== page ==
Reporters, party operatives, analysts, and political junkies had looked to New York's 20th district congressional race as a referendum on many fronts, hoping to extrapolate a political moral from the first special election of the 2010 cycle. But with 100 percent of precincts reporting Tuesday night well after polls had closed, a too-close-to-call non-result left the political world with little to deduce--and could eliminate the chance that anyone will read much into it.

With 100 percent of precincts reporting Tuesday night, Democrat Scott Murphy led Republican Jim Tedisco by 65 votes, and, with thousands of absentee ballots yet to be counted, it could be days or weeks before we have a winner. A decision by the state board of elections last week to extend the absentee ballot deadline to April 13--to give overseas ballots sufficient time to reach the district--will likely prolong things even further, as The Hill's Aaron Blake points out. If the final count is close, possible legal challenges could drag the race out, well, almost forever, as Minnesota's 2008 Senate election showed.

A long vote-counting or legal process would, undoubtedly, mute the national political impact of Tuesday's election. Democrats had hoped the race would prove President Obama's economic agenda is popular with voters; Republicans, that it would prove their party still appeals to swing voters and is capable of a comeback. As a major political football, the specter of AIG outrage loomed. Republican National Committee Chairman (RNC) Michael Steele had staked some of his reputation on the race, visiting the district twice and pouring $275,000 of RNC money into it, as Politico's Charles Mahtesian notes.

Republicans will of course be cheering if Tedisco wins, as will Democrats if Murphy holds on, but the moment may have been lost two weeks from now if, say, they are cheering the opening of the last absentee ballot or an appellate judge's ruling...or if the cheers come months from now, upon an official statement from House Speaker Nancy Pelosi to the effect of, "We will, after much litigation, seat Scott Murphy." The race for Sen. Kirsten Gillibrand's old House seat in upstate New York may be decided in an election boardroom, but the popularity of the stimulus and the vitality of the GOP may not be.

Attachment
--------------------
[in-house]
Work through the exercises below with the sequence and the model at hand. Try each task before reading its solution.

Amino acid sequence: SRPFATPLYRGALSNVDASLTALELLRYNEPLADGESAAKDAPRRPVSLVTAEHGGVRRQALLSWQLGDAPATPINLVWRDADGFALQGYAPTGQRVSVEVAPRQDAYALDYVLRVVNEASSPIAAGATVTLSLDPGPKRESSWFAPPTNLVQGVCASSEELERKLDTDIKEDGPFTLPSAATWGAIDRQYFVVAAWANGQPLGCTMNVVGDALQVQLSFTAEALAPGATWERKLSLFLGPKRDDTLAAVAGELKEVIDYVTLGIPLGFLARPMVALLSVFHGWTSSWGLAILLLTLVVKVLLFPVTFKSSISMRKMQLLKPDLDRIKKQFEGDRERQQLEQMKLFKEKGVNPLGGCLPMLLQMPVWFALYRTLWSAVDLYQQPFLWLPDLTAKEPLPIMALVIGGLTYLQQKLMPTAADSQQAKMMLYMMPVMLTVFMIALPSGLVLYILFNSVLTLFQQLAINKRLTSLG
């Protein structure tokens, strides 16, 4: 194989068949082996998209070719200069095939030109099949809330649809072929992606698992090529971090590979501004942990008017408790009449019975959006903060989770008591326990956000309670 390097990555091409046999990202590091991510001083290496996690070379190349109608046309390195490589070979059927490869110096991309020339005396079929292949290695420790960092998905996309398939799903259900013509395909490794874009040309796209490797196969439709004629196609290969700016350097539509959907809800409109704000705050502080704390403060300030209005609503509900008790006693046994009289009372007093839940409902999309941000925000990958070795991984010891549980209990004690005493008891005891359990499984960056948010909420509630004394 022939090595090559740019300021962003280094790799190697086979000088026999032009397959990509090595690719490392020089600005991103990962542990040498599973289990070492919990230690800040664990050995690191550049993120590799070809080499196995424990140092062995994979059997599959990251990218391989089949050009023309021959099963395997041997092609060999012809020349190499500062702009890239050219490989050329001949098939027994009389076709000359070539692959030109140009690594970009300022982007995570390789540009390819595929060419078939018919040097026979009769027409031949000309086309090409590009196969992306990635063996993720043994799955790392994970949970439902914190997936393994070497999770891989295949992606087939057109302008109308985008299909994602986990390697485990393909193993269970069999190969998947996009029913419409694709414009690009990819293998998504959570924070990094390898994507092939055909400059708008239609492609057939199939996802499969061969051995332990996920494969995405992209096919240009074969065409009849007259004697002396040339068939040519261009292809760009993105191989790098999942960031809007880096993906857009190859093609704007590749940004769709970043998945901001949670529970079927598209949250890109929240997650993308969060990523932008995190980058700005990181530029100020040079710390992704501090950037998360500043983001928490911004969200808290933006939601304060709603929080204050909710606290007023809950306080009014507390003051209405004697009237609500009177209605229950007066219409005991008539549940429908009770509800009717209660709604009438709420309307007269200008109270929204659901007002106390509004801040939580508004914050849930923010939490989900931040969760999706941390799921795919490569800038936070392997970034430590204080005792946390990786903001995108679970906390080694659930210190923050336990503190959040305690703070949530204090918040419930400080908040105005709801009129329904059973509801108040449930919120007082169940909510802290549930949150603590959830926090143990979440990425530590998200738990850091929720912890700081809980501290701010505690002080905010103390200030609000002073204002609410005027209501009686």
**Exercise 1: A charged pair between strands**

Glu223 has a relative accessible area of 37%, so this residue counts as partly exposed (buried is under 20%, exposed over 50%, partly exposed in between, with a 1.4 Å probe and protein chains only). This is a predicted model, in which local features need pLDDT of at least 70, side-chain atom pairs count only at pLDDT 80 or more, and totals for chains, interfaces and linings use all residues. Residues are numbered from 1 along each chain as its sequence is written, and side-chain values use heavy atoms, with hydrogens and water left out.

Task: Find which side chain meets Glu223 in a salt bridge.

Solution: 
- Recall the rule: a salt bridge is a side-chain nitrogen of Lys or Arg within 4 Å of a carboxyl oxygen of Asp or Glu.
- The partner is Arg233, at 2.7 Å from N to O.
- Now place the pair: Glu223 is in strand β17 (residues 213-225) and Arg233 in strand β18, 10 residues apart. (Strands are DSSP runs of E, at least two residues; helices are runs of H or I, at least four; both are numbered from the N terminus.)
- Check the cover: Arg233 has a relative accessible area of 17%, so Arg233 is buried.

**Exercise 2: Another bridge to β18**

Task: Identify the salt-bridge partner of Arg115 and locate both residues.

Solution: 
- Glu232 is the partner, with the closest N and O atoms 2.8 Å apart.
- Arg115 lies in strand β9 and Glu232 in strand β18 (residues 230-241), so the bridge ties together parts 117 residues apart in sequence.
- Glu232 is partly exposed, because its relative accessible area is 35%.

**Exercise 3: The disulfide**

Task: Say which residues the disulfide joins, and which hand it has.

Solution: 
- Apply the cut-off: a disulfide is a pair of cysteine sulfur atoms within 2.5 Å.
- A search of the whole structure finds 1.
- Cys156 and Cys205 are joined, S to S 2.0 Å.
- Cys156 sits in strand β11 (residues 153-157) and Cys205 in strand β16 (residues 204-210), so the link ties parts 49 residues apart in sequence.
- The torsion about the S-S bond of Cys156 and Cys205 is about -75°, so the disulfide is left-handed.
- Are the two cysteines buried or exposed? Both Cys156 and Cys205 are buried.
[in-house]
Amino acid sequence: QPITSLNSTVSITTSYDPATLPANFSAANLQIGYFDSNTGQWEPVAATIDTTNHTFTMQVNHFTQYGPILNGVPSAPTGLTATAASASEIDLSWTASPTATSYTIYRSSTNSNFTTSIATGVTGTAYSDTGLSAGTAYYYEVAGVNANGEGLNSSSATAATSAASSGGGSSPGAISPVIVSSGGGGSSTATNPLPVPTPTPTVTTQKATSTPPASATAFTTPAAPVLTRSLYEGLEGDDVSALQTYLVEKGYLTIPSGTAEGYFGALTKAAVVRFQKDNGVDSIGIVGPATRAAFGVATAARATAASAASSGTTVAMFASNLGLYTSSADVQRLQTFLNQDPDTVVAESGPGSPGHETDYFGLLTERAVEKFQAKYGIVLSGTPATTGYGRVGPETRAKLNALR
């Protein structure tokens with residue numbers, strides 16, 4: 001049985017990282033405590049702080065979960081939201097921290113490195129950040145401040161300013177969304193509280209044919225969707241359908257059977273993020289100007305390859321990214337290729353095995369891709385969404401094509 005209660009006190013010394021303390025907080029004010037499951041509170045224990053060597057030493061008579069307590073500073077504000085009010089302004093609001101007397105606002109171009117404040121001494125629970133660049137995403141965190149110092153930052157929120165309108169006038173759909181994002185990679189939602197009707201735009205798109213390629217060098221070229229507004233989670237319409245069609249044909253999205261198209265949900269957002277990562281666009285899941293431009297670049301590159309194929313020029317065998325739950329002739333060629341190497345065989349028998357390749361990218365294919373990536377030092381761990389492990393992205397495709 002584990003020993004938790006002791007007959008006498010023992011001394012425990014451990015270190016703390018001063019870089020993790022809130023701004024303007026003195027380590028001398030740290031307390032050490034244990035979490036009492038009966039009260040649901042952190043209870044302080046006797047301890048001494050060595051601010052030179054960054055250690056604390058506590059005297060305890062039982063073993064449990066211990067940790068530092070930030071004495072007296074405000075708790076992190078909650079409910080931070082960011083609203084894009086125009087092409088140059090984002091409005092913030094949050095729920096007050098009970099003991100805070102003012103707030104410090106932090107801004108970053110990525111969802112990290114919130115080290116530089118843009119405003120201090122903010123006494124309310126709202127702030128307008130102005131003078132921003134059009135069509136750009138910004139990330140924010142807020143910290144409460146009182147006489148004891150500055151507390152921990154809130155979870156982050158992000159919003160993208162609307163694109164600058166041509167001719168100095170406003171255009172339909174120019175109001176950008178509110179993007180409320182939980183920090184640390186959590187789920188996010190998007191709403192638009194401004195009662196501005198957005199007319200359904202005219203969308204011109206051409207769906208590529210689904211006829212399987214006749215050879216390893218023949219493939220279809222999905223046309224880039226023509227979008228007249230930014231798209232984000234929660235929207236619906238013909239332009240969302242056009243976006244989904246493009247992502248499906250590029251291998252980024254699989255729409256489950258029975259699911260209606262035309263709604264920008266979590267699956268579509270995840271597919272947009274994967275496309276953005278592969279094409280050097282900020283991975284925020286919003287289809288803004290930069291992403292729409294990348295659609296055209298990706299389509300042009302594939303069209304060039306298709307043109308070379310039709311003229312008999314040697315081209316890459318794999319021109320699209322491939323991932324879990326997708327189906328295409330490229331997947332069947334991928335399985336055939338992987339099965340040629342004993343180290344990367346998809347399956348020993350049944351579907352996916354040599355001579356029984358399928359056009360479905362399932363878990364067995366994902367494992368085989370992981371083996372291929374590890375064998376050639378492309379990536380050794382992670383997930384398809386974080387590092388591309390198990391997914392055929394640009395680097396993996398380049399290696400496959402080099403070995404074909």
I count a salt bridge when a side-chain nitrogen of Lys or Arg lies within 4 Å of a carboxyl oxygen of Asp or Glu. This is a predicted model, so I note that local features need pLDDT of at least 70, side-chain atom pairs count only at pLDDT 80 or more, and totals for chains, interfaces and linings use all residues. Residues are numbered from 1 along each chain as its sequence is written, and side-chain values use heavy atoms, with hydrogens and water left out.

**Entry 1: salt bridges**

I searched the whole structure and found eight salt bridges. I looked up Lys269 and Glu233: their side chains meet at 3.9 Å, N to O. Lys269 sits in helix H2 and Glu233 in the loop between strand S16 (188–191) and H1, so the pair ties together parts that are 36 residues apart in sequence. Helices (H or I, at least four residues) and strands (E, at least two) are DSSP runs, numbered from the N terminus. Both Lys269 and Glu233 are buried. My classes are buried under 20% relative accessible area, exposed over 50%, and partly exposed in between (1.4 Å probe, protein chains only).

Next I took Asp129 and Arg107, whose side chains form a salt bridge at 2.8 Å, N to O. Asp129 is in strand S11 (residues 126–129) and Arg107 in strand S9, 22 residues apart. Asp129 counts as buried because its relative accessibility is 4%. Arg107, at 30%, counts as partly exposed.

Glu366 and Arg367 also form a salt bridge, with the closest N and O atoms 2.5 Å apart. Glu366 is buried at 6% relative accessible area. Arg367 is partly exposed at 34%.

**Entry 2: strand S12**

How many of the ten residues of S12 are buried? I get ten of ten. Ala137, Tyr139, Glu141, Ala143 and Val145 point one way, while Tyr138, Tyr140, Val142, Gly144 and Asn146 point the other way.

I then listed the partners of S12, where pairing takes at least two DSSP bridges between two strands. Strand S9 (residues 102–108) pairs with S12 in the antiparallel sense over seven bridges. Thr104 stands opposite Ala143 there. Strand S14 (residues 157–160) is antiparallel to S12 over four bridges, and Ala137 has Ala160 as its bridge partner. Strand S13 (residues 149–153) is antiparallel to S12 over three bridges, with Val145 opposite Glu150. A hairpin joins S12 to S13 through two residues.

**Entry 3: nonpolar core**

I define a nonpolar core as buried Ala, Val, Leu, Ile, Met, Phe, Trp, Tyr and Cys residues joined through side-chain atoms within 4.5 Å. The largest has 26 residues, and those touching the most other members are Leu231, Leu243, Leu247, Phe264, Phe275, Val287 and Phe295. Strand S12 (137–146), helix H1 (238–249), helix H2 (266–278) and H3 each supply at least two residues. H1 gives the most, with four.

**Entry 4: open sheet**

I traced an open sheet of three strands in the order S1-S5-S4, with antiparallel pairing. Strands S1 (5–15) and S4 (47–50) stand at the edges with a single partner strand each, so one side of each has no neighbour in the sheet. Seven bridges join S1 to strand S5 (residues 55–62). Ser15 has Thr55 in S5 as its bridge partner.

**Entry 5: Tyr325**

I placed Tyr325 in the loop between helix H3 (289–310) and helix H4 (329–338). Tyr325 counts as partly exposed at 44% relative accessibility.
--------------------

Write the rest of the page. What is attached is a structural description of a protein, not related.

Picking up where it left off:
The close margin has not prevented the parties from spinning today's results. Democratic National Committee Chairman Tim Kaine said, in a statement released tonight, that "Scott Murphy embraced President Obama's message of change and his plans to fix our economy and create jobs, and as a result  he stormed from more than 20 points down to winning a majority of votes cast tonight," while National Republican Congressional Committee Chairman Pete Sessions stressed Democrats' typical dominance in the Northeast and called the close margin a "testament to the strength of Jim's campaign and the effectiveness of the Republican message of fiscal responsibility and accountability that Americans are demanding in the wake of the AIG scandal."

If there's a clear winner by midday tomorrow, NY-20 could still set a tone for the 2010 cycle as a statement on the stimulus, AIG, and party momentum. (Granted, reading too much into it ignores the strengths and weaknesses of Murphy and Tedisco themselves and assumes that New York's 20th district voters think like swing voters elsewhere.)

It's unclear whether such a winner will emerge. But no matter who wins--and no matter how long it takes--the losing party will be able to say, "yeah, well, it came down to a pretty slim margin, and there's a lot of time between now and November 2010."

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